Masson’s trichrome staining to demonstrate the deposition of mature collagen fibers in the representative liver biopsy specimens from stage F0 through F4 is presented in Fig. 1A. As per the classification of chronic hepatitis, fibrosis was completely absent in F0. Many thin collagen fibers were present surrounding portal tracts in F1. Samples with septal fibrosis were classified as F2. Distinct and clear bridging fibrosis was present in stage F3. Marked nodular cirrhosis was present in all samples included in F4. Steatosis was present in almost all cases from F1 through F4. Quantification of the intensity of Masson’s trichrome staining demonstrated a significant increase from F0 through F4 and the difference between each group was highly significant (P < 0.001) (Fig. 1B).

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Fig 1. Masson’s trichrome staining for collagen in liver biopsy specimens from patients with HCV infection.

(A) Representative staining image from the group of patients classified as F0, F1, F2, F3, and F4 depends on the degree of fibrosis. (B) Quantification of Masson’s trichrome staining using Image-Pro discovery software. The data are mean ± S.D. in each group. Original magnification, x100.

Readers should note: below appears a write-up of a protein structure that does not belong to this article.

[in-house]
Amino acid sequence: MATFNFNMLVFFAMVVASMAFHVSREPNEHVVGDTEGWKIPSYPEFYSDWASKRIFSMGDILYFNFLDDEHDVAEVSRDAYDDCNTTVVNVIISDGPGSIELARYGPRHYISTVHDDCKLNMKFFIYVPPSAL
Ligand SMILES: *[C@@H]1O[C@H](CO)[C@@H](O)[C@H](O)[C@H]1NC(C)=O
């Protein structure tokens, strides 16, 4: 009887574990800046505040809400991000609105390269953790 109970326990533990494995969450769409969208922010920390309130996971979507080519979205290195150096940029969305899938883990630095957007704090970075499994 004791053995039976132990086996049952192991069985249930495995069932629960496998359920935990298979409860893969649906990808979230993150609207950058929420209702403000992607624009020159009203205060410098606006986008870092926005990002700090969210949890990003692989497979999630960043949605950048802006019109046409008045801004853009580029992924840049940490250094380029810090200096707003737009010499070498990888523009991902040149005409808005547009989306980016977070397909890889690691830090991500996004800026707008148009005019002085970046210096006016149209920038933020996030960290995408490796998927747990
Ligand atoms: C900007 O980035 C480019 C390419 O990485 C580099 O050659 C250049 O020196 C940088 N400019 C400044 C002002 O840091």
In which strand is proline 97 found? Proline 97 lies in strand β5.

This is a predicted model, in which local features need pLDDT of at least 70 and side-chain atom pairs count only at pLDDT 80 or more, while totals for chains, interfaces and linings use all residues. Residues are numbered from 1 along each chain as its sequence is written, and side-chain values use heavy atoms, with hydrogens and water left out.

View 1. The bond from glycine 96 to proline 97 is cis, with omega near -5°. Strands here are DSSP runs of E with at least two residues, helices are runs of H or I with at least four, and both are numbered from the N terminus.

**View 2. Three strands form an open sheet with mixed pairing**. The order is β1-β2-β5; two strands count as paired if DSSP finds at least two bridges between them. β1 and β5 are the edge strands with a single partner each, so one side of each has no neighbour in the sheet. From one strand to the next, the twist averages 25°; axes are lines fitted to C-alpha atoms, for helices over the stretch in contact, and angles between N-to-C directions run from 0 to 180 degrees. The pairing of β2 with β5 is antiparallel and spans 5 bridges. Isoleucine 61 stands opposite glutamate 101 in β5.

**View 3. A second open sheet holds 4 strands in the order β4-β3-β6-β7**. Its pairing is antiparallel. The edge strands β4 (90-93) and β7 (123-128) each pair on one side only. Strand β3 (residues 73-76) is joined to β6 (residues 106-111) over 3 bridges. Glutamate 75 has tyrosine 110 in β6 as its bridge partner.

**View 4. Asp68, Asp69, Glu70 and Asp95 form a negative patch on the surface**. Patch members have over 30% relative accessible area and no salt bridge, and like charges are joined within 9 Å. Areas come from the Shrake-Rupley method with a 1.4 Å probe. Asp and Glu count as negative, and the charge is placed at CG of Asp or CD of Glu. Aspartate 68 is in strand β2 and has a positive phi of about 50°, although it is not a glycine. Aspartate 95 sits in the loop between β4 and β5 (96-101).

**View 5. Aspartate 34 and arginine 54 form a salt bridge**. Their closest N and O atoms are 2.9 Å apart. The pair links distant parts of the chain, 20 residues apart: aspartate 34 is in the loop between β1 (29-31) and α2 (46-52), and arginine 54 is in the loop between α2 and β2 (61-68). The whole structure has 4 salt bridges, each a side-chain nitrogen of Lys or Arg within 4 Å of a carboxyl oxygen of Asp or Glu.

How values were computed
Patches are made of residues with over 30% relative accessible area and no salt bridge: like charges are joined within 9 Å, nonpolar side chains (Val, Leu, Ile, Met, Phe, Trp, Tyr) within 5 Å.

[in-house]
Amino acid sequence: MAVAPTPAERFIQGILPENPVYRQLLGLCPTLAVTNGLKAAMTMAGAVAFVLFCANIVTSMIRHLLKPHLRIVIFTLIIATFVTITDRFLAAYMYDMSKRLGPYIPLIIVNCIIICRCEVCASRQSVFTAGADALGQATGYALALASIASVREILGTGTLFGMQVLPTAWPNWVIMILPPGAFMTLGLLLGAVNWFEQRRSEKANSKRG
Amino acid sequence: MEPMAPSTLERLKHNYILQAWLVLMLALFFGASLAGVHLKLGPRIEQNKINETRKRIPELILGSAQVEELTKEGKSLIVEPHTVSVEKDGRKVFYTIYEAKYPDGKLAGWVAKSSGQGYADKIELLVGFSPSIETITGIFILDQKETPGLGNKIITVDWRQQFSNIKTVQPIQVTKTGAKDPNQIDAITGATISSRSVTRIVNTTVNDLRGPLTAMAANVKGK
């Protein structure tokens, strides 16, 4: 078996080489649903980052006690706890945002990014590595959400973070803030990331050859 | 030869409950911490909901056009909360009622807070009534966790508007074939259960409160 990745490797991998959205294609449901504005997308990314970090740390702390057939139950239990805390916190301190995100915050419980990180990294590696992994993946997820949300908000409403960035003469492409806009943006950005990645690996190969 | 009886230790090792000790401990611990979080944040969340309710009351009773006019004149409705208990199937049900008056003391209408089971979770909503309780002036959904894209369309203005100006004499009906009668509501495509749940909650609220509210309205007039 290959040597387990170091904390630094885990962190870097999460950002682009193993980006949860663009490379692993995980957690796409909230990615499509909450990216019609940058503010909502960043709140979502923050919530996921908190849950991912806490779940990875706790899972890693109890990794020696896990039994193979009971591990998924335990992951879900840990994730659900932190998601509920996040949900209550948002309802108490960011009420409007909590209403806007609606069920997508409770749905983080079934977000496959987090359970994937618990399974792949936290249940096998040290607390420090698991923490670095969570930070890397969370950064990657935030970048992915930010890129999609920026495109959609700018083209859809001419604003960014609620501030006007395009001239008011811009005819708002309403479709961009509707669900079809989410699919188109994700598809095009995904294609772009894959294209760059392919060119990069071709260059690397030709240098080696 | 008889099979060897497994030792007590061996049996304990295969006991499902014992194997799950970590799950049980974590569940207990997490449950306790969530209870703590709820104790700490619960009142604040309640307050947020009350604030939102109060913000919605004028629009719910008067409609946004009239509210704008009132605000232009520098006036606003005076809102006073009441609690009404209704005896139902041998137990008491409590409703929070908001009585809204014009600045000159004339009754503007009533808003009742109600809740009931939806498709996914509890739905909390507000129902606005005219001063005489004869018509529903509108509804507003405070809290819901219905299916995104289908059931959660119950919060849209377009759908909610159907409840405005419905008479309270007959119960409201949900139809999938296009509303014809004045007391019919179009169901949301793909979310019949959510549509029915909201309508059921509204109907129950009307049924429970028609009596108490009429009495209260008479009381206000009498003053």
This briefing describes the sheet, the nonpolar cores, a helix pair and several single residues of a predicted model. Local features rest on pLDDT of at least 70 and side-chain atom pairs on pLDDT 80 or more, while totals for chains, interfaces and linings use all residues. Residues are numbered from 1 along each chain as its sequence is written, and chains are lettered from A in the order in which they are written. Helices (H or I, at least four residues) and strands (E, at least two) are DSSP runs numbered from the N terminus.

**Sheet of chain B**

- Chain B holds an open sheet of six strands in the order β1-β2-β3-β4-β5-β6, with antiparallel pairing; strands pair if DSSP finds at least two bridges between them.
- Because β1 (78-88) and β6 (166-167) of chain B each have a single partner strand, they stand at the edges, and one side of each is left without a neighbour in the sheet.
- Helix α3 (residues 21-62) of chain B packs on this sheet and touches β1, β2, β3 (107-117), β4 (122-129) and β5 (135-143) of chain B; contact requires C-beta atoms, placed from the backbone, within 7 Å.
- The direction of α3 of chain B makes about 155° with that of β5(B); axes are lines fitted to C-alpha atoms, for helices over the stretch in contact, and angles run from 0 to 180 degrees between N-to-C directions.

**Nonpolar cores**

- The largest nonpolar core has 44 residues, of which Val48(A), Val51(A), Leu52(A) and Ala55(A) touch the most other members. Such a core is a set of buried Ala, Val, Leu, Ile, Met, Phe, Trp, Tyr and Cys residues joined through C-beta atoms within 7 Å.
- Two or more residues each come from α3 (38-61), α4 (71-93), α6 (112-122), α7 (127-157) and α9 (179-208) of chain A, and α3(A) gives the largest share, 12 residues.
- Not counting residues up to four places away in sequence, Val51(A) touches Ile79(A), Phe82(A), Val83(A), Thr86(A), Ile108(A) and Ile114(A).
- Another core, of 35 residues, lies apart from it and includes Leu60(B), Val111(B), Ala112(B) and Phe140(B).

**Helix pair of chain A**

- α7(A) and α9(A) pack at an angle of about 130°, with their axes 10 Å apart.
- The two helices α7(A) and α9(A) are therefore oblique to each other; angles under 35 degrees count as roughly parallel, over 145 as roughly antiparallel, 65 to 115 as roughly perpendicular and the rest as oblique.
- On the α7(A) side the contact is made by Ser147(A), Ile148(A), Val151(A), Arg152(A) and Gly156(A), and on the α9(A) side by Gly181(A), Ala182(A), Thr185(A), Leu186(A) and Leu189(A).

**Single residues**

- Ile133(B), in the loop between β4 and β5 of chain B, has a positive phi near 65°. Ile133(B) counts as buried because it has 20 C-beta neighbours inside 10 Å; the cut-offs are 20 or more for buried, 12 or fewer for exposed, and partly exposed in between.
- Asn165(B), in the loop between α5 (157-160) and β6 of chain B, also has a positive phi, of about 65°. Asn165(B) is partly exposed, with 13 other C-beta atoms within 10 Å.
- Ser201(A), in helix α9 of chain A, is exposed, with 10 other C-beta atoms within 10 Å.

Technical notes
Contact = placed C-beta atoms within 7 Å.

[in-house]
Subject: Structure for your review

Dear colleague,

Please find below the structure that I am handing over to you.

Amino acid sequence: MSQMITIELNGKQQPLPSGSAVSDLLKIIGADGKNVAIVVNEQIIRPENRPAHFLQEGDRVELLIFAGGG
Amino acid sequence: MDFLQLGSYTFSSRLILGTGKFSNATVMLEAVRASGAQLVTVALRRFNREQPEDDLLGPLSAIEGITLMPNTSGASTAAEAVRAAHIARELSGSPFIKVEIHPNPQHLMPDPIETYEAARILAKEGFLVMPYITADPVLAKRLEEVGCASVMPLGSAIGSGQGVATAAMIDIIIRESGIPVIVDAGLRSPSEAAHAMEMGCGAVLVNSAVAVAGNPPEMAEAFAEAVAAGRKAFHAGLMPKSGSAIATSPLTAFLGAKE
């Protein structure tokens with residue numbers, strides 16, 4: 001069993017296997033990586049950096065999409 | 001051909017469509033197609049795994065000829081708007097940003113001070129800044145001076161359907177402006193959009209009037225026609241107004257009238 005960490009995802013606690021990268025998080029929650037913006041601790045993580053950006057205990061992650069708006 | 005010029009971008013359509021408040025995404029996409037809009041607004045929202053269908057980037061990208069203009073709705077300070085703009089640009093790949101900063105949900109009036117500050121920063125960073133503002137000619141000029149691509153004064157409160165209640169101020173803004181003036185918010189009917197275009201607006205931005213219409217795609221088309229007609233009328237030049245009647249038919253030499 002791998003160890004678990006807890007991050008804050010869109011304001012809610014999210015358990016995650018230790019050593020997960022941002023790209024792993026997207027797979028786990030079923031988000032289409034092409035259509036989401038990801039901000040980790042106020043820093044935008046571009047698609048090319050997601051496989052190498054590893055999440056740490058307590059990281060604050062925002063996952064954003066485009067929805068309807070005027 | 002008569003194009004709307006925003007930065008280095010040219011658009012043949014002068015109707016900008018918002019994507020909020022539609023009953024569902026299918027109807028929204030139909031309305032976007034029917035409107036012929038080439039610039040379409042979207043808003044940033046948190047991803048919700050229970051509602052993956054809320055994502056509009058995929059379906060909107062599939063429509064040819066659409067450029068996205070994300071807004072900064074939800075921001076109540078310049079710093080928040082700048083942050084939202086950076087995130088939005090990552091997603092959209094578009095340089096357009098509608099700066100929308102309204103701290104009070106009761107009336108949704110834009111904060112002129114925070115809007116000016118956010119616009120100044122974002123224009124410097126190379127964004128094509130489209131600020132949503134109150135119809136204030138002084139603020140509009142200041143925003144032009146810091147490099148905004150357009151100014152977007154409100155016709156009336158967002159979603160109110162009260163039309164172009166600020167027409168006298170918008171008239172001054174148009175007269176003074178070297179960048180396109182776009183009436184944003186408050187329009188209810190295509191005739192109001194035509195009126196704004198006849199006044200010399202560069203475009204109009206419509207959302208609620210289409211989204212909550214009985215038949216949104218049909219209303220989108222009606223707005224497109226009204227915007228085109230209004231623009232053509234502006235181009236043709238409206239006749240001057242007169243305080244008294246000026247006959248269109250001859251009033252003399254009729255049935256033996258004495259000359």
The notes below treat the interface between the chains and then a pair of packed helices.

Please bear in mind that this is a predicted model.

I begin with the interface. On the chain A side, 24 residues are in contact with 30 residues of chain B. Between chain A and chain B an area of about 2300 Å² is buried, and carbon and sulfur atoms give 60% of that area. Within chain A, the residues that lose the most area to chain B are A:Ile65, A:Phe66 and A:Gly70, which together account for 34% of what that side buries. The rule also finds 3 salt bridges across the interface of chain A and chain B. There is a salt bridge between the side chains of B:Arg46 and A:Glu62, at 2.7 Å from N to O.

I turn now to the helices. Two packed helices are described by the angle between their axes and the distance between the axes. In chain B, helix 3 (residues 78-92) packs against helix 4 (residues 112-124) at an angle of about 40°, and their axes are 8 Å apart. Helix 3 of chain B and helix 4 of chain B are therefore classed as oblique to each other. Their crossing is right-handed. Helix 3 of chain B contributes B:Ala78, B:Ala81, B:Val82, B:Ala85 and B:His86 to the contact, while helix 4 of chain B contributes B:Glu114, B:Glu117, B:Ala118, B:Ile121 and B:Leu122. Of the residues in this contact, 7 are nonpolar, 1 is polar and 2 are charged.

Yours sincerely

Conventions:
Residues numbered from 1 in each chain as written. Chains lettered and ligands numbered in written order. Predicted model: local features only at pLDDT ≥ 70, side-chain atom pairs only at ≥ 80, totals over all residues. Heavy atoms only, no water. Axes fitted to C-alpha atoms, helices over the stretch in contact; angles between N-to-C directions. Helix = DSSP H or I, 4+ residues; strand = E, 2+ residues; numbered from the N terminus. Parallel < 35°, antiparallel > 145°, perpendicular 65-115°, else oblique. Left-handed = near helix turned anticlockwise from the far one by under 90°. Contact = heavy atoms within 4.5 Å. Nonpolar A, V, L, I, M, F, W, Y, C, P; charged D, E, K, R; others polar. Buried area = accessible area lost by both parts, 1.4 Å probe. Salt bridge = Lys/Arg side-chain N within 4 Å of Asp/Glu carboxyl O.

https://doi.org/10.1371/journal.pone.0118744.g001

Immunohistochemical staining for α-SMA to demonstrate the activation of hepatic stellate cells is presented in Fig. 2A. Since activated hepatic cells are mainly responsible for the synthesis of collagen during fibrogenesis, the intensity of α-SMA staining will be positively correlated with the deposition of collagen and degree of fibrosis. Quantitative analysis of the staining intensity of α–SMA is depicted in Fig. 2B. A sequential increase was present in the staining intensity from F0 through F4 and the difference between each group was significant at 0.1% level (P < 0.001), except between F1 and F2, where the difference was significant at 1% level (P < 0.01).